Cultural Amnesia: Notes in the Margin of My Time

Cultural Amnesia: Notes in the Margin of My Time

Clive James

Language: English

Pages: 734

ISBN: 0330481754

Format: PDF / Kindle (mobi) / ePub

'One stupendous starburst of wild brilliance' SIMON SCHAMA 'Aphoristic and acutely provocative: a crash course in civilization' J. M. COETZEE Organized from A through Z, and containing over 100 essays, Cultural Amnesia is the ultimate guide to the twentieth century. 'This is a beautiful book. James proves himself not only to be in possession of a towering intellect, but a singular ability to communicate his passions' Observer 'Witty, insightful and unashamedly erudite, the book is a superb miscellany of 20th-century cultural and political subjects' The Sunday Times 'Over the past forty years James has been scribbling notes in the margins of the books he has read ...and this is the result. Clever, contentious and funny' Guardian 'An eclectic journey through the 20th century, as Clive James explores the careers of luminaries such as Charles de Gaulle and Charlie

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question. When, during World War II, he finally allowed himself to find out exactly what the Nazis were doing to the Jews in the east, he was suitably devastated. But during the twenties it never seemed to concern him much that all the various nationalist groups—even the national Bolshevist group fronted by Ernst Niekisch—always seemed to have this one characterisitic, anti-Semitism, in common. Not, of course, that it would have come to anything much if Jünger and the rest of the intellectuals

anybody could be attractive. It might be tough on the women. In the most ruthless set of laboratory conditions we know about, Lavrenty Beria and Mao Zedong, two men who had absolute power to do whatever they wanted in the sexual sphere, confined their attentions only to women they thought beautiful. Beria routinely picked up any pretty girl he saw in the street and took her home to be raped. Barely pubescent girls whom the senescent Mao liked the look of were given the privilege of keeping him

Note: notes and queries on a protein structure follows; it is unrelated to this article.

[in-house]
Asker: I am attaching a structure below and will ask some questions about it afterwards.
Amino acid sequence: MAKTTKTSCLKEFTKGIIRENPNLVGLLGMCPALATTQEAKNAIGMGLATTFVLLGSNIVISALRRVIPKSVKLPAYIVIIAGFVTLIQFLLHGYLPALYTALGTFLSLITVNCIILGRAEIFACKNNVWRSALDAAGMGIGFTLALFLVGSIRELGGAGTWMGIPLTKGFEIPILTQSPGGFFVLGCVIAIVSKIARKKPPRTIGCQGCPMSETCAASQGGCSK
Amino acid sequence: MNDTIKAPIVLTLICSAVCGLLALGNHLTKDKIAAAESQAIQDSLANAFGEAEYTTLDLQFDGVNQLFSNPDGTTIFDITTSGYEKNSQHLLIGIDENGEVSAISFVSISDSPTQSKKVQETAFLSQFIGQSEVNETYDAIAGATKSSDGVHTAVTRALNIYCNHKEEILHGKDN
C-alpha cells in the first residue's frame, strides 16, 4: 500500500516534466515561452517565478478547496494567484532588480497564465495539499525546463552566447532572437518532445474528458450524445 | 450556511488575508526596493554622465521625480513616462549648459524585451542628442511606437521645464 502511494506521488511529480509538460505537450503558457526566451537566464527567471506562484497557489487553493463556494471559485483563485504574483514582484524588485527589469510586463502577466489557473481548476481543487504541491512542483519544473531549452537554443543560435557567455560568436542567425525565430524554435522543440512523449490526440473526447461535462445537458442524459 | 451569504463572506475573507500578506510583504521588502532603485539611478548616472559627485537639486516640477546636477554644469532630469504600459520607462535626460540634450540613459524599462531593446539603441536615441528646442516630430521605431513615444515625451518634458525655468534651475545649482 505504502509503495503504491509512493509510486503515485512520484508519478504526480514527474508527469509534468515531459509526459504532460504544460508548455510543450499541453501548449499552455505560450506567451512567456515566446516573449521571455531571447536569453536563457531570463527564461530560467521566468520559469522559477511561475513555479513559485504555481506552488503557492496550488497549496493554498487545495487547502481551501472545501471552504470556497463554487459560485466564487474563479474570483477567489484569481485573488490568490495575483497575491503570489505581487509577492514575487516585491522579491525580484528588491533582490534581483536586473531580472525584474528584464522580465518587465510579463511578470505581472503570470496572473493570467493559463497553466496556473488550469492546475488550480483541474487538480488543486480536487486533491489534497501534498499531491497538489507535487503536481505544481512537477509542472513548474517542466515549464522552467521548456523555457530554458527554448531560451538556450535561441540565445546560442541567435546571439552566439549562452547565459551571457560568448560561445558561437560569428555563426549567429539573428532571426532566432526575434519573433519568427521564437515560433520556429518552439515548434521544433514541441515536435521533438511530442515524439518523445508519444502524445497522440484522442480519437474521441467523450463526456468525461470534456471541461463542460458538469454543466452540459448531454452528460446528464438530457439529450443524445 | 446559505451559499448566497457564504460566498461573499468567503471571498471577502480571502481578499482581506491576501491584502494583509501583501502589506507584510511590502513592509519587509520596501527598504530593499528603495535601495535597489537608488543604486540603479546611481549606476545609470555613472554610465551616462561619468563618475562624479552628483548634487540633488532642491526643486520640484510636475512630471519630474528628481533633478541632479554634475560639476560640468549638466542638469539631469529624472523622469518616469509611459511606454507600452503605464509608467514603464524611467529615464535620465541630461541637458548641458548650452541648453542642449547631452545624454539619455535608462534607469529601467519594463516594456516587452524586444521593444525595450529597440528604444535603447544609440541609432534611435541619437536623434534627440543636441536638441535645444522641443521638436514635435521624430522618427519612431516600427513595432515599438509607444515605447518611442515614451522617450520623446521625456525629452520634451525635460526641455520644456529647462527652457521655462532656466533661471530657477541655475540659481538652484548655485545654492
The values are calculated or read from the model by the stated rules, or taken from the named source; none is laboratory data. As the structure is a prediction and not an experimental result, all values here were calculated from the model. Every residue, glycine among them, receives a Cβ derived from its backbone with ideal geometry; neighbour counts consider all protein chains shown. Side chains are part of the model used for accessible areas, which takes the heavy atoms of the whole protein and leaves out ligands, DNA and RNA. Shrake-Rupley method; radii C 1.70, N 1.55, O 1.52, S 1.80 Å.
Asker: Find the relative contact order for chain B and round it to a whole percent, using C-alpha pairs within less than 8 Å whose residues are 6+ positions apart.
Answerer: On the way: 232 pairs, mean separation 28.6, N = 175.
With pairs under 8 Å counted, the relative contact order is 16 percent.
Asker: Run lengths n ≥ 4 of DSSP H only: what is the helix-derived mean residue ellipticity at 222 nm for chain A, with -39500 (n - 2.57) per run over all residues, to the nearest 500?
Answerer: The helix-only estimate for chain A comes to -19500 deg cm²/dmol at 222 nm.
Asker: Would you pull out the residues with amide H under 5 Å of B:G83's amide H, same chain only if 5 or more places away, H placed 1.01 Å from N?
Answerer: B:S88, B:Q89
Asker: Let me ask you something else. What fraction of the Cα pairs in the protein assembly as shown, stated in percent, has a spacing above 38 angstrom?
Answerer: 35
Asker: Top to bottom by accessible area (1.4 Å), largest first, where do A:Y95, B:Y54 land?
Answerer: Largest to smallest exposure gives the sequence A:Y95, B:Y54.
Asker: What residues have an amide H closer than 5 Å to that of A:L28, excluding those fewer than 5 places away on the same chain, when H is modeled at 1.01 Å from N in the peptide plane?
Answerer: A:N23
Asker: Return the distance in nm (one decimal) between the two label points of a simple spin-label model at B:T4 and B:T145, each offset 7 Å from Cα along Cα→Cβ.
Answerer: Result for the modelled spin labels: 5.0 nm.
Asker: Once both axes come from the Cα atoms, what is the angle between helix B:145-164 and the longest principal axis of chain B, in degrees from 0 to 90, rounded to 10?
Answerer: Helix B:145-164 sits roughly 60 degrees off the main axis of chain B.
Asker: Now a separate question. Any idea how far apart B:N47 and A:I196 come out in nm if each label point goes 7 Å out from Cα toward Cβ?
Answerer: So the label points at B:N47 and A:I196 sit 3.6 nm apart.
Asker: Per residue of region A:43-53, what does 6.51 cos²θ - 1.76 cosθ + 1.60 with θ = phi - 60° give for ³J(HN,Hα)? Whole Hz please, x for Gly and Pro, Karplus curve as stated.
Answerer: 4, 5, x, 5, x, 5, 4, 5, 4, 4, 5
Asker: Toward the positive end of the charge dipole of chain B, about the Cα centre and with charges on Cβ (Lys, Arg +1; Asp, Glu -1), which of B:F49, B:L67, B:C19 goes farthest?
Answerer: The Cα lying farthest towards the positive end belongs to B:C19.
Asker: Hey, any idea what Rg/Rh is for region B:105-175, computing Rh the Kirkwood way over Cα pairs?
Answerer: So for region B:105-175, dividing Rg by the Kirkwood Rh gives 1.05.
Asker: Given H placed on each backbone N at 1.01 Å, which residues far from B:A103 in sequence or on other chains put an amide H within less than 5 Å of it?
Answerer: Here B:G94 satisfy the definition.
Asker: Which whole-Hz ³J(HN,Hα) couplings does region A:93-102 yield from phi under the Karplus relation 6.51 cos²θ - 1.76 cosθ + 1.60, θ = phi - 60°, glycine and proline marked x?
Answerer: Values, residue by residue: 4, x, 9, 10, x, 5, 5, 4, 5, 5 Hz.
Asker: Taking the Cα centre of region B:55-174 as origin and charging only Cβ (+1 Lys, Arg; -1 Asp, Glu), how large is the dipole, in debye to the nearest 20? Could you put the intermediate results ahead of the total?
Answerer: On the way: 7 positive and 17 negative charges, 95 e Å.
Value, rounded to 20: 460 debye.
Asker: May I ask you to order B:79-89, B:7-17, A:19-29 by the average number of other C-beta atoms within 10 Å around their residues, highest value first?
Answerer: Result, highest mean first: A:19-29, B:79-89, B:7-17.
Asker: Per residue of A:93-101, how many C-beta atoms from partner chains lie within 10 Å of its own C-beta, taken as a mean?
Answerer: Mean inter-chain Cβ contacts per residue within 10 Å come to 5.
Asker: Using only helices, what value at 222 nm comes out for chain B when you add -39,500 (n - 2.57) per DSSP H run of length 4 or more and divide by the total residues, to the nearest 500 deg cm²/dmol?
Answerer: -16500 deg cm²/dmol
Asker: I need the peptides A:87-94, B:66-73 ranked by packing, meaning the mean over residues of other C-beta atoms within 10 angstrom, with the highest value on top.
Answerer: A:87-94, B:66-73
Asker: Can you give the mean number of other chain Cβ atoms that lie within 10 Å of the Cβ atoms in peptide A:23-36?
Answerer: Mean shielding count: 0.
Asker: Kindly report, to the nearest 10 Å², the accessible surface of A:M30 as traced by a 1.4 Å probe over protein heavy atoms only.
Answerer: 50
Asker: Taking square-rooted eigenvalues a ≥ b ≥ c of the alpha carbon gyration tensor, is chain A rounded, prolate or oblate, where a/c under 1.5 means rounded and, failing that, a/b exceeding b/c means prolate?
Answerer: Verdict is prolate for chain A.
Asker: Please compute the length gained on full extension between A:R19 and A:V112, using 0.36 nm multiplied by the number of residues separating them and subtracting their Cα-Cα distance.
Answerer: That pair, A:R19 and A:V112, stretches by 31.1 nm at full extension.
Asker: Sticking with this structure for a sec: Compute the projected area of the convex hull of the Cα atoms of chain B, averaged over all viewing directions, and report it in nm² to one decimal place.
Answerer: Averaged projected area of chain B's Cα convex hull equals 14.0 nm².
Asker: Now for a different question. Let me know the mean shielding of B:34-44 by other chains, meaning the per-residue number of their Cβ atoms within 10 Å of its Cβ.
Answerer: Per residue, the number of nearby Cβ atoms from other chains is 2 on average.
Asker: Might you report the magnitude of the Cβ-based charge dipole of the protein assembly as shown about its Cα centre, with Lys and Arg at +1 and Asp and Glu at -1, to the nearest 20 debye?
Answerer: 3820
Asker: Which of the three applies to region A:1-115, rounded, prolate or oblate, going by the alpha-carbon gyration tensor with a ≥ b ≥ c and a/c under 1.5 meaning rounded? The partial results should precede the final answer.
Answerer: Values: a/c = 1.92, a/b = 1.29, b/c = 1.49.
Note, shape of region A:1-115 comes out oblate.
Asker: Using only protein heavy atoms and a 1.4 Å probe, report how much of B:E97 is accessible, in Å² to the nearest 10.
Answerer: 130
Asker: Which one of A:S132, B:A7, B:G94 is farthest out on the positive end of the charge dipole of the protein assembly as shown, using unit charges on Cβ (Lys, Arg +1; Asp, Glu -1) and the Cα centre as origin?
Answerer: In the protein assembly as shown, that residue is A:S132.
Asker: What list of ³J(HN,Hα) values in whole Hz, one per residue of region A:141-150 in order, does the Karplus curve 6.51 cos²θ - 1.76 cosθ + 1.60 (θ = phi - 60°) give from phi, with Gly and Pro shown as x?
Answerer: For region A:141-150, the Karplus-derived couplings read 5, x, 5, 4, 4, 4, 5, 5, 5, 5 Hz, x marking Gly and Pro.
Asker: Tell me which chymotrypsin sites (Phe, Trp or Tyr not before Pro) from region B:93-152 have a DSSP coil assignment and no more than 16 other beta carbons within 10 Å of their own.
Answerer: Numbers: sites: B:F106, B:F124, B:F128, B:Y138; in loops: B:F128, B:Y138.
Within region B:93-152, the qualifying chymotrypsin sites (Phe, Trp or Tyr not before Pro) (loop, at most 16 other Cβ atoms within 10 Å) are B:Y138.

even humble journalists could share the glory of a genius, simply by pointing out that he was there, and thus offering him the consolation of understanding. Sábato has a phrase for it: la infinita liberación de no saberse solo. The infinite liberation of knowing that one is not alone. I should add, in fairness, that there are young intellectuals in Argentina who find my admiration for Sábato incomprehensible. They remember that he, too, like Borges, sat down with the generals. But I rememer that

odds with Sartre and the whole of the French left, although Camus, with good reason, went on calling himself a man of the left until the end. Raymond Aron found the book weak when not obvious, but that could have been partly because Camus had got into print first with ideas that Aron had held while Camus was still a boy. Those for whom Camus’s thesis is still not obvious would do well to read the book: his novels The Stranger and The Plague deserve their reputations but give only part of the

will get to the rugged mountain ranges, the droughts and flooding rains. I will not always get to the name of the poet. In my uncaring recollection, Henry Kendall, Dorothea McKellar and many other Australian poets all shared the one elasticized identity until they were superseded by Shakespeare. But hundreds of their lines got into my head, and with them came the measures of English verse, the most common rhythmic structure being the iambic pentameter. (In Italian, the equivalent is the

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